(This is only a feeble translation of "Vidhwans", a story by Munshi Premchand. The objective is only to urge readers to read the original story or better translations. We have included a summary of the story with comments on the last page.)

There is a village called Bira in the Benares district. In that village lived an old childless widow belonging to the Gond tribe; her name was Bhoongi. She did not own even an inch of land, and she had no house to live in. But she had a clay oven, which was her only source of livelihood. Villagers usually subsist on roasted grains or sattu (grain parched and ground) for at least one meal during the day. So, the people always flocked to Bhoongi's oven to get their grains roasted. They gave her a portion of their grains as payment, and Bhoongi lived by eating that. She slept in one corner of the same shed where the oven was installed.

Bhoongi woke up early every morning and went about gathering dry leaves to fuel her oven. She always kept a huge pile of dry leaves by the side of the oven, which she lit up in the afternoons. But on Ekadashi (eleventh lunar day) and full moon days, she did not light the oven in keeping with the traditions. On these days and on the days when she had to roast grains for the zamindar, Pandit Udaybhan Pandey, she went hungry. Bhoongi not only had to roast grains for free for the zamindar, but she also had to fetch water for his household; for this reason, also, she could not light up her oven on some days.

Bhoongi lived in Panditji's village, so he had the right to make her work for him without paying her. It was not injustice on his part. The only injustice he did was that he did not provide even food to Bhoongi; the zamindar believed that if he gave food, it would be as good as paying Bhoongi; what use, then, was his right to obtain free work from her? Panditji believed that a farmer has the right to make his bullocks work for him throughout the day and then tether them up hungry in the evenings. If the farmer does not do such a thing, it is not because he is kind but because he is worried that if the bullocks were to die of hunger, from where was he to obtain replacements for them? Panditji had no such worries. Bhoongi was unlikely to fall dead if she went hungry for one or two days. By some miracle, if she did die, then he could easily find another Gond woman to take her place. As it is, Panditji had done Bhoongi a great favour by allowing her to settle in his village!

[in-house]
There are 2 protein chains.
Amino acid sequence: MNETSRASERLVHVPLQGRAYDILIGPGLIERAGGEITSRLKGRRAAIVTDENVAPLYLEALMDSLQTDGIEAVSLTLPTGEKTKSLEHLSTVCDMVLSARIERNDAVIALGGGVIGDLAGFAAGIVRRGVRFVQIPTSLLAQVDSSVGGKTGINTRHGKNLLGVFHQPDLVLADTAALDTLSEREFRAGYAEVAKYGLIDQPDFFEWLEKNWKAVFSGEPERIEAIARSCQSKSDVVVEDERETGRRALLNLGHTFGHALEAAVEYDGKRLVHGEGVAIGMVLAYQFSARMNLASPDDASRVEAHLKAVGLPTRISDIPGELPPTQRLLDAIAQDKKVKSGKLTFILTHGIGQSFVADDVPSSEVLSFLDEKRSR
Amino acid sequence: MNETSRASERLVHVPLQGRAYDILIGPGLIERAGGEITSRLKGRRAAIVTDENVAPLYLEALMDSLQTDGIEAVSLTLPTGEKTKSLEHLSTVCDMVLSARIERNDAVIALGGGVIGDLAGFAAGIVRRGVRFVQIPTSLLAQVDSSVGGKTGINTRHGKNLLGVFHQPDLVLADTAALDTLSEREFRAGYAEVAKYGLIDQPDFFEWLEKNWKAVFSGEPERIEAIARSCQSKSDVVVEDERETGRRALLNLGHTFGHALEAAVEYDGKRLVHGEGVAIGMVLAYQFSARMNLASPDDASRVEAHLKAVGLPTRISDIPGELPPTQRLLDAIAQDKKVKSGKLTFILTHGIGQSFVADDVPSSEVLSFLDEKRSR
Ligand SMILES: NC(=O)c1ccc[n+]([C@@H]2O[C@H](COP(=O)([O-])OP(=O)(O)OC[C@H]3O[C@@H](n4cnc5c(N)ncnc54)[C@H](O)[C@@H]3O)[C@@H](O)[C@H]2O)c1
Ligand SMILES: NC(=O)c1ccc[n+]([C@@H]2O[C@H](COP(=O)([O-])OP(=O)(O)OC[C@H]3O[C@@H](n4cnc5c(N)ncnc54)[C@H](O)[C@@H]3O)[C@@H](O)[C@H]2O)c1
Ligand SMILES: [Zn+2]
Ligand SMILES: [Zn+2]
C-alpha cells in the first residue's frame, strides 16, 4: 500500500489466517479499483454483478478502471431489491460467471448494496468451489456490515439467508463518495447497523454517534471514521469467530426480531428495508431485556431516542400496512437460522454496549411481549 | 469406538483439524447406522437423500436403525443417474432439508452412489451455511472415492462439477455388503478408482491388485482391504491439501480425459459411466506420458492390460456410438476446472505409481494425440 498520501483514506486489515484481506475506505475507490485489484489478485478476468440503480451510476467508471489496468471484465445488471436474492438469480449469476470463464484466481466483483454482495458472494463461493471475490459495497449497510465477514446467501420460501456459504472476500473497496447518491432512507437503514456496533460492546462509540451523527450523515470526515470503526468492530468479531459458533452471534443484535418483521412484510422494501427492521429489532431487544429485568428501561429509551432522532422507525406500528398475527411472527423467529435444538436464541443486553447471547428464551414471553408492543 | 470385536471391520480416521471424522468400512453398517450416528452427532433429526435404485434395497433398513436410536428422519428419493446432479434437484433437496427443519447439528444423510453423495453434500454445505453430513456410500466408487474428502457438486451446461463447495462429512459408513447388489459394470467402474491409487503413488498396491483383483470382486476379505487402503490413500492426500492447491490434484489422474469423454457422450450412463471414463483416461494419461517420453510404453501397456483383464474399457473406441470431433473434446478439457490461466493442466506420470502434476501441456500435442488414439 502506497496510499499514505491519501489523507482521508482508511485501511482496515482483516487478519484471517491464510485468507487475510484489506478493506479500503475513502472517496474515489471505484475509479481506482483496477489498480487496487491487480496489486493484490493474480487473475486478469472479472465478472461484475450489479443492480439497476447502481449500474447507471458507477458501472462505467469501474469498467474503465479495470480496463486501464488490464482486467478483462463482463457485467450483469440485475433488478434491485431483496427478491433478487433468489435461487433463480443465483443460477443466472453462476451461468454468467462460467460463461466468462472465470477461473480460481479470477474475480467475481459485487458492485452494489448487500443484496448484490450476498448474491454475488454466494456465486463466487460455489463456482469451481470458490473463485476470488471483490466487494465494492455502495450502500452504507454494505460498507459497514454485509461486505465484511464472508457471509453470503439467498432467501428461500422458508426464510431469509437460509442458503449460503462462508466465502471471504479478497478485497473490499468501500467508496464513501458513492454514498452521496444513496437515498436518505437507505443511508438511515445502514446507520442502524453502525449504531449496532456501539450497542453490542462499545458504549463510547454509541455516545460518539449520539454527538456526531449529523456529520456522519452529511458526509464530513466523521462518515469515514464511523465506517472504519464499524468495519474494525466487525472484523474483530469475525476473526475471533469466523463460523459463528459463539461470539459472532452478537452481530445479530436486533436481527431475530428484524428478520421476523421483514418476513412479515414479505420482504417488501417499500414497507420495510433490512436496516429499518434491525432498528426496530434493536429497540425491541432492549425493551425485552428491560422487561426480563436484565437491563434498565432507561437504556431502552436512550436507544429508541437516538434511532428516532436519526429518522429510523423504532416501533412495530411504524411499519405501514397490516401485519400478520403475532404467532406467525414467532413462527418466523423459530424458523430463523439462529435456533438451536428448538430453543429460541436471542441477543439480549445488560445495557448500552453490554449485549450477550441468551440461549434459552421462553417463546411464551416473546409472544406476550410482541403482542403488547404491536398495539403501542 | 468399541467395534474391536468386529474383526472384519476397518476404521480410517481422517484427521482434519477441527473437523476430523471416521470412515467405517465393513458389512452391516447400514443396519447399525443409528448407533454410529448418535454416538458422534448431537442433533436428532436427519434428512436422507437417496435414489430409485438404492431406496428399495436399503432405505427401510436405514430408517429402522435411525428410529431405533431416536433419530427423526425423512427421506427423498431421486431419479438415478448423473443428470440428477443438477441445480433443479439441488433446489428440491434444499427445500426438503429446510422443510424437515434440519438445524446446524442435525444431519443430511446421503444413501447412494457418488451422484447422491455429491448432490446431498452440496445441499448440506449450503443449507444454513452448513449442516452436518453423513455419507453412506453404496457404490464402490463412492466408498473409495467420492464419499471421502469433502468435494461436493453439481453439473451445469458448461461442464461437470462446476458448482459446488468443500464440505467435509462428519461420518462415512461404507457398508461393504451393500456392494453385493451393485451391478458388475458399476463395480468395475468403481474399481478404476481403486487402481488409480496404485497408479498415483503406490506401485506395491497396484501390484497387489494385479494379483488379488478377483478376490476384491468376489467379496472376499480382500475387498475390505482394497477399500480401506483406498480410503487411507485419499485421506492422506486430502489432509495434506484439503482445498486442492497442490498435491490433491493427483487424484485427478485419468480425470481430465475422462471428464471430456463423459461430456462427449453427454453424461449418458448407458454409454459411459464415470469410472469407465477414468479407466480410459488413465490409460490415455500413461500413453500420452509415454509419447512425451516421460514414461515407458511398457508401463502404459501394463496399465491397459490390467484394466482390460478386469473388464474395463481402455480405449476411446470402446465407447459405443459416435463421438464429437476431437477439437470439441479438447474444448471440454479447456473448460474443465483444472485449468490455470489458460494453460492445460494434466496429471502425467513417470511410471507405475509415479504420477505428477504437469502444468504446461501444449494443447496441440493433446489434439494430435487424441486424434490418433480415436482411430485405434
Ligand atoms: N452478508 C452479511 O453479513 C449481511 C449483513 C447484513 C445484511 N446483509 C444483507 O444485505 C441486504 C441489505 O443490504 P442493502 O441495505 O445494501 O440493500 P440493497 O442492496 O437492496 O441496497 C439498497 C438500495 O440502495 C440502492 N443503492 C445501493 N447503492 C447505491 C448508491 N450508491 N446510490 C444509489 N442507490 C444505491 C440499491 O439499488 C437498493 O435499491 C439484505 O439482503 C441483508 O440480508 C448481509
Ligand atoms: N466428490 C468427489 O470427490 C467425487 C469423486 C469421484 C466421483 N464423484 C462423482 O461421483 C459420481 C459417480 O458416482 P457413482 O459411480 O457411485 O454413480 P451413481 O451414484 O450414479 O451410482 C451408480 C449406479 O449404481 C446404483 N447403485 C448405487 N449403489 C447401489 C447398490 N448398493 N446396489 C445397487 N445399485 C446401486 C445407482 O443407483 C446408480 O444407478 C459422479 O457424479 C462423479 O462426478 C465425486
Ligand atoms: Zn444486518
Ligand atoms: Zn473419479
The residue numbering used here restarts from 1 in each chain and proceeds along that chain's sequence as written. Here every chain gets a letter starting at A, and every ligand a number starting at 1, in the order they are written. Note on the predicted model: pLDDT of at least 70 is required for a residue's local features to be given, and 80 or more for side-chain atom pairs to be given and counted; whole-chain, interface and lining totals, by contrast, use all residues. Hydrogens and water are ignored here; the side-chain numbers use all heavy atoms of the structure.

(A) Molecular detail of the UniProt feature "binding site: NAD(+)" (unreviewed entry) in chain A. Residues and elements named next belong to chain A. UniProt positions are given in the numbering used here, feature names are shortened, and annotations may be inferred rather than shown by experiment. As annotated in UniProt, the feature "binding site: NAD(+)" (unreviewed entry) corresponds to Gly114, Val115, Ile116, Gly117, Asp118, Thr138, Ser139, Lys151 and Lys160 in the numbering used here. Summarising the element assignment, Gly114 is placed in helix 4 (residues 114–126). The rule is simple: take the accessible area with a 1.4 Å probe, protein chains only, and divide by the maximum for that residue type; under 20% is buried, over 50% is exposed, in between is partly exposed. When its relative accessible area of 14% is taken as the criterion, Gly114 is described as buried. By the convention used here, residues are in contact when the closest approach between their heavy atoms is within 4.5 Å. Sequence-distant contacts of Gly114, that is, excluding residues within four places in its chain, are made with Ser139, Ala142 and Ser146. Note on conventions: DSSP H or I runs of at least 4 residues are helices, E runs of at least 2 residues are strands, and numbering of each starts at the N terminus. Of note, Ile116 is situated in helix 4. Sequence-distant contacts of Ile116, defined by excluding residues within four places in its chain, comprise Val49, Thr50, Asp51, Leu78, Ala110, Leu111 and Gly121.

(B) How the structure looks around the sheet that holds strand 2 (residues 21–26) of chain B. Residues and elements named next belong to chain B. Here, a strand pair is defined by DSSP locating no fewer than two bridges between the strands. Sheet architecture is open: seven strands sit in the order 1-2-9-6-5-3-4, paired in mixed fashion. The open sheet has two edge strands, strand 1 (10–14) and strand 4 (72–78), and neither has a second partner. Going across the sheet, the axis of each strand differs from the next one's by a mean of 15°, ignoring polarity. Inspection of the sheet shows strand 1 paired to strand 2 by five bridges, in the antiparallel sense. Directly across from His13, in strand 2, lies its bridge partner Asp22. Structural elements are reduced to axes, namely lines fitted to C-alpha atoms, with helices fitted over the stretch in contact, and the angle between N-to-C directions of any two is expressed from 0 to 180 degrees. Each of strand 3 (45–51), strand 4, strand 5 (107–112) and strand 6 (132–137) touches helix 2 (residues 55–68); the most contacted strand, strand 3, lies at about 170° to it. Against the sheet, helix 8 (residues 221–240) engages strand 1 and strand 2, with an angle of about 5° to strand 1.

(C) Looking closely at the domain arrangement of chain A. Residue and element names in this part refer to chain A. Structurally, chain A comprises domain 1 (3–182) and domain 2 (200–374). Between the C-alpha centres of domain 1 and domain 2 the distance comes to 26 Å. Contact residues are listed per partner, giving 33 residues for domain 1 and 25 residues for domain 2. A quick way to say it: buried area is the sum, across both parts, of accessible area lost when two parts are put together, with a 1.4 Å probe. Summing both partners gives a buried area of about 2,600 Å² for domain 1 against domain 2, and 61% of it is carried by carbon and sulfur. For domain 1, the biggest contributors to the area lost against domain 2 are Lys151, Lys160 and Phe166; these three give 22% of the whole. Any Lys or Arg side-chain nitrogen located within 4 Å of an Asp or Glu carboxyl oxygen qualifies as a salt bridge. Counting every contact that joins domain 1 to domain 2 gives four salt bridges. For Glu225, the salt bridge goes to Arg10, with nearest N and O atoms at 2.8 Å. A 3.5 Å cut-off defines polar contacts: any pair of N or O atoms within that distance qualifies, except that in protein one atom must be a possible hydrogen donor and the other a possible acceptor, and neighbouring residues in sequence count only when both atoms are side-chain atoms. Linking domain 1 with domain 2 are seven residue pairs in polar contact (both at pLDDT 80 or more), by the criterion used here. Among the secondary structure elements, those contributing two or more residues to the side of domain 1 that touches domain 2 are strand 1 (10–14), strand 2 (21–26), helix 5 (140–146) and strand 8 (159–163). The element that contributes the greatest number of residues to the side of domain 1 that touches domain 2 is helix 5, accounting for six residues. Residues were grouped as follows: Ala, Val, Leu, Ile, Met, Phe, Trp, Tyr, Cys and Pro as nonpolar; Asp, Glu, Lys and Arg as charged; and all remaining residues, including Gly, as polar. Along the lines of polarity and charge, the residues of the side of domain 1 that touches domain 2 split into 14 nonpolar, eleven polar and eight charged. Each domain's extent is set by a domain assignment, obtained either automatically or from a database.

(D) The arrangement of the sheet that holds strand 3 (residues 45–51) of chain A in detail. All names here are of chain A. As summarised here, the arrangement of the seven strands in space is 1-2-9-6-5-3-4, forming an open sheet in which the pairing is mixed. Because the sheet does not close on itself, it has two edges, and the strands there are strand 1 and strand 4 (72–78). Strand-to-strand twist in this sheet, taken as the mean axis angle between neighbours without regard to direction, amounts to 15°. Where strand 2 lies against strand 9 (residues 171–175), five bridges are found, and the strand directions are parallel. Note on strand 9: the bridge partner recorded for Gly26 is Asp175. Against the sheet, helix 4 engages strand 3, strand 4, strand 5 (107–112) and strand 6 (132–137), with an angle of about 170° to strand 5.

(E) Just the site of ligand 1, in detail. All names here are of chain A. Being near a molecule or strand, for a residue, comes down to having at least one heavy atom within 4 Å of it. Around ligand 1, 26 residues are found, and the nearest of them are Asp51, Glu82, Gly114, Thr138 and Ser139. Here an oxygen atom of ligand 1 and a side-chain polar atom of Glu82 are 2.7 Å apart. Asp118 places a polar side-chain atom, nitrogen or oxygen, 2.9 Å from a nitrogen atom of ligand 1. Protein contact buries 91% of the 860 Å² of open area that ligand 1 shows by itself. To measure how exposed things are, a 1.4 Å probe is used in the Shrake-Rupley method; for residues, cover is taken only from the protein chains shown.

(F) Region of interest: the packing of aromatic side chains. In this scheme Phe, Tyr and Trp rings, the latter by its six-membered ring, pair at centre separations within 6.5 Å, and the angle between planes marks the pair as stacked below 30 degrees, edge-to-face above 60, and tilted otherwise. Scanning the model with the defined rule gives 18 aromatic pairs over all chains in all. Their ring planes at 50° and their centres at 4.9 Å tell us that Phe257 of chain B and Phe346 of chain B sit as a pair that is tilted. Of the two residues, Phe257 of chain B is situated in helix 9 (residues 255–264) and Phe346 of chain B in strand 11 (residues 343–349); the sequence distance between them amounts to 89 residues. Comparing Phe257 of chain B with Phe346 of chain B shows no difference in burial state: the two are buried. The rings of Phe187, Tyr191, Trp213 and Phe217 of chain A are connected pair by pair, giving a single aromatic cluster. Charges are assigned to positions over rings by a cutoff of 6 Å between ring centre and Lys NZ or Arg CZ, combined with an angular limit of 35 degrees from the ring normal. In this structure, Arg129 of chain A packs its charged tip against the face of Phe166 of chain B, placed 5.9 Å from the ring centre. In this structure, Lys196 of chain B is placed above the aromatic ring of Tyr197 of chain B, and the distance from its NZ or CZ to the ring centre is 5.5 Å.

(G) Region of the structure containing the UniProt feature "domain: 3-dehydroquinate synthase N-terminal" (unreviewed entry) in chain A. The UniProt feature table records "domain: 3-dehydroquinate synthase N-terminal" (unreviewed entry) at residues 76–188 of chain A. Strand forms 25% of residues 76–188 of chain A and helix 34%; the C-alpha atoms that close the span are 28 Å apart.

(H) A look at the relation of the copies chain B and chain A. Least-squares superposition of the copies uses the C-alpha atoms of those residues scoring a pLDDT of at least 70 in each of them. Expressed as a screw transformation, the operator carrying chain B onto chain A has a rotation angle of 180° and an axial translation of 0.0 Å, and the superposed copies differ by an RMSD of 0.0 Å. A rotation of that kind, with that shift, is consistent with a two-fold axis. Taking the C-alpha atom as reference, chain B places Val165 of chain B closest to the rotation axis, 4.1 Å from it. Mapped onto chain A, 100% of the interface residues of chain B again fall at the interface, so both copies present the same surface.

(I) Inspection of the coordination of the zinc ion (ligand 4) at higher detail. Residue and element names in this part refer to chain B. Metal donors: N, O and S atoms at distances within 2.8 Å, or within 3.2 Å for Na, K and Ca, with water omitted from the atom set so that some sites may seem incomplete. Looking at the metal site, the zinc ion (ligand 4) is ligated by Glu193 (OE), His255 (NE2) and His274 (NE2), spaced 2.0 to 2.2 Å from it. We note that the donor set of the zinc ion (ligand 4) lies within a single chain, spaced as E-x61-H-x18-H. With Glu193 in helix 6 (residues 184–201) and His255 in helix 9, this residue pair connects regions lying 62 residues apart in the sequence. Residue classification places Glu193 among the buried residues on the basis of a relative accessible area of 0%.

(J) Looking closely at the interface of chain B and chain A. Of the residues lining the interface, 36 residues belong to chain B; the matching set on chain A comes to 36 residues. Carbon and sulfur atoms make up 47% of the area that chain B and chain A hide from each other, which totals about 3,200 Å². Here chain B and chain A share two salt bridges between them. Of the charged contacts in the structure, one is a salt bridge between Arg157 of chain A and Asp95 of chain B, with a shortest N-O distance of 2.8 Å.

It was the month of Chaitra and the auspicious day of Sankranti. On this day, sattu made from fresh grains are eaten and given away in charity. Fires are not lighted in homes. Bhoongi's oven was in great demand; there was a big crowd by its side as though the villagers had gathered for a fair. Bhoongi was very busy and had no time to even pause for breath; she, sometimes, got annoyed at impatient customers who wanted her to roast their grains first. Just then, the zamindar's servants came with two big baskets full of grains and demanded she roast the grains at once. Bhoongi looked at the baskets and felt dismayed. It would be impossible to roast such a large amount of grains before sunset. If only she could have roasted the grains of the villagers for a few more hours, she would have earned enough grains to last her for a week. But it seemed God did not wish good for her and had sent these ambassadors of Death. She will now have to work till late in the evening for free. She took the baskets, feeling very depressed.

"Don't take too long, else you will hear from us," one of the servants said arrogantly.

Bhoongi said, "Stay here and take the grains when they are roasted; cut off my arms if I as much as touch someone else's grains."

The servant said, "We don't have the day off that we can remain here; get the grains roasted by evening."

The servants went away, and Bhoongi started roasting the grains. But it is no laughing matter to roast 40kg of grains. Besides, she could not roast continuously; she had to stop often to blow at the fire to keep it burning. The sun went down, and not even half the grains were roasted. Bhoongi felt afraid that the zamindar's men would come anytime. If they found the work was not done, they would start shouting at her and beat her. She started roasting the grains frantically while keeping an eye outside for the servants. In her haste, she made mistakes and poured more sand into the sand-roasting cauldron than necessary, and the grains got spoiled. Bhoongi did not know what to do; she could neither focus on her work nor leave off roasting.


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